As alluded to, however, we believe that universities are in prime position to make the case for their centrality to the next election’s big issues, and advocate for fresh approaches. Three of Rishi Sunak’s recently announced ‘five pledges’ focus on the economy, and inevitably the Conservative campaign will centre on the country’s finances. Floated policies in the education space – such as making Maths a compulsory subject to 18 and a continued emphasis on STEM-based technical education – fit neatly into the narrative these pledges set out. As the UK faces a lack of productivity and economic growth (making us an outlier in the G7), other policies such as those outlined in the Skills and Post-16 Education Act (2022) run the risk of becoming easily jettisoned. In this environment, the sector will need to take what we can (the recent first reading of the Lifelong Learning Bill will have been welcomed by many), but also make the case that further reforms are vital to economic growth in the long-term.
As for Labour, their Education pledges look set to focus on early years provision(again, perhaps framed as a productivity issue), and promises on training nurses and doctors. The party’s higher education policies, however, seem to be still forming – and along familiar lines. Speaking at a recent Institute of Government and Public Policy event, Matt Western (Shadow Minister for Higher Education) gave a nod to the Lifelong Loan Entitlement being adopted by Labour as a policy, while acknowledging that the current timeframe remains unrealistic, and the implementation challenging. Apprenticeship teaching, changes to STEM education to aid growth targets and delivering on policies as part of the Skills and Post-16 Education Act were also all mentioned. But, it seems, concrete policies to tackle the huge and ever-growing issues that remain within the higher education sector are as yet absent. Those policies that did get a mention were again framed in terms of economic growth. This was no surprise – although Keir Starmer is yet to confirm the missions that Labour will build their manifesto on, his New Year speech revealed that they will introduce ‘a new “Take Back Control” Bill […] that will deliver on the demand for a new Britain. A new approach to politics and democracy. A new approach to growth and our economy.’ The need for economic growth has been strongly linked with clean power generation by Labour, and much has been made of the Party’s attempts to court business in this area. We must make sure that higher education institutions have a seat at the table too, and are recognised as drivers of research and innovation to help meet ambitious targets for green energy. Giving local communities’ control over decision-making has also been mentioned by Labour, which provides an excellent opportunity for universities – as regional anchors – to help drive local economies.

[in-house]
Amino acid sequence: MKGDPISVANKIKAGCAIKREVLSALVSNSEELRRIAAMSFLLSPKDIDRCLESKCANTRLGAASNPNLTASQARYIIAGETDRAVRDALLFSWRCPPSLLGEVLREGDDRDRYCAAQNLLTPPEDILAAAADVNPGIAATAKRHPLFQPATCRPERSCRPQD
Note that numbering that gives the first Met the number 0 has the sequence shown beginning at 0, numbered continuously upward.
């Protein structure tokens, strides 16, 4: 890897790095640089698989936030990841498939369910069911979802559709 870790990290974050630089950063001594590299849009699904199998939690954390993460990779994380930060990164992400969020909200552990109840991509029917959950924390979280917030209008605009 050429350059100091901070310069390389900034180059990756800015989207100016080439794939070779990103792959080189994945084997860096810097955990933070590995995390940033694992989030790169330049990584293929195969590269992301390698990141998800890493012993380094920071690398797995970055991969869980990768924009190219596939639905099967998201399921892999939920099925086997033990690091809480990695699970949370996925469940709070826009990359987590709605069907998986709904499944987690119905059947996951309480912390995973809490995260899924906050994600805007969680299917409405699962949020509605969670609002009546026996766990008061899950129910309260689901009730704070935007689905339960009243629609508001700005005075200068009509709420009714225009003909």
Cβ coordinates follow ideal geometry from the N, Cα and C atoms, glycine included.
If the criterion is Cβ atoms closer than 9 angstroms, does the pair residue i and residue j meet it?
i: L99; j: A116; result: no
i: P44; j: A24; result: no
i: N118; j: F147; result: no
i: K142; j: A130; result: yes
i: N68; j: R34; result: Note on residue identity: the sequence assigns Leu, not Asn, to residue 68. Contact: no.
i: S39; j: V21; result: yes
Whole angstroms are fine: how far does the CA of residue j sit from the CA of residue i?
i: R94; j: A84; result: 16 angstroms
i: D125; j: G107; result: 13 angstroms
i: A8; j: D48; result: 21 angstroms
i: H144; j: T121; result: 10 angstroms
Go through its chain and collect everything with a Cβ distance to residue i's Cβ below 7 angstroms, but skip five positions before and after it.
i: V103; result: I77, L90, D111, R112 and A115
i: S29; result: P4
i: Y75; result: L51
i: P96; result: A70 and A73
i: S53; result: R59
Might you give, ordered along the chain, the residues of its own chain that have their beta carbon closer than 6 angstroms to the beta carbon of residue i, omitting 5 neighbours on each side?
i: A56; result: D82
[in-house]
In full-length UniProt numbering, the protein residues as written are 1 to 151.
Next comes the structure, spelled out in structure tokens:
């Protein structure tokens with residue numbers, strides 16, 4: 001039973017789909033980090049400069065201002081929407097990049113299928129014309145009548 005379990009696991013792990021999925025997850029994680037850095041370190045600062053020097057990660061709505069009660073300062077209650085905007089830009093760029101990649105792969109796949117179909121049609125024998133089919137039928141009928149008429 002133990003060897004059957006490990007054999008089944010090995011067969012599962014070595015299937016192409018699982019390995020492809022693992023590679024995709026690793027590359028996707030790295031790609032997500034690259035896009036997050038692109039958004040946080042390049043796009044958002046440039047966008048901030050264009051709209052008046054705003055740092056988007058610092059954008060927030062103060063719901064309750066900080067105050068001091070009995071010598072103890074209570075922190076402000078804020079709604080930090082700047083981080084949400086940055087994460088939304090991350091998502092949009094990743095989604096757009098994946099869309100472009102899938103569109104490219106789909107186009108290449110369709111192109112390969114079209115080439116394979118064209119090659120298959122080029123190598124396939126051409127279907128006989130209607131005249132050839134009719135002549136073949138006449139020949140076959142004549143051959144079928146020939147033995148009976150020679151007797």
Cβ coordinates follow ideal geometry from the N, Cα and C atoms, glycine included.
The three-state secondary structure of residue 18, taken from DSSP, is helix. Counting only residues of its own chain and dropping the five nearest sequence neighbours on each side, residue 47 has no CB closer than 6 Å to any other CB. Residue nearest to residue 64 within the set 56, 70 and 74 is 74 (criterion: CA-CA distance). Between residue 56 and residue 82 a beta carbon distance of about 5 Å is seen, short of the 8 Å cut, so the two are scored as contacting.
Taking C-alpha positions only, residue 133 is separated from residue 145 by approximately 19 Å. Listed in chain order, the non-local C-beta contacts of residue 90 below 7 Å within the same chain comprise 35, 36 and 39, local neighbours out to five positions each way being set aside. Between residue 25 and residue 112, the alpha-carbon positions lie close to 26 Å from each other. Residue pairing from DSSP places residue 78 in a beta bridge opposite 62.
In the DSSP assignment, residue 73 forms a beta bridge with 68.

Hopefully, as the next election approaches, universities will be able to play a role beyond the culture wars and be seen as central to policy success. New polling from the UPP Foundation and HEPI shows that 77% of respondents agree universities are important to research and innovation, and 57% agree they are important to the UK economy as a whole. We are hopeful that we can count politicians among those numbers.
- HEPI’s most recent report on student voters and the difference (or not) that they made at the 2019, 2017, 2015 and 2010 general elections is here.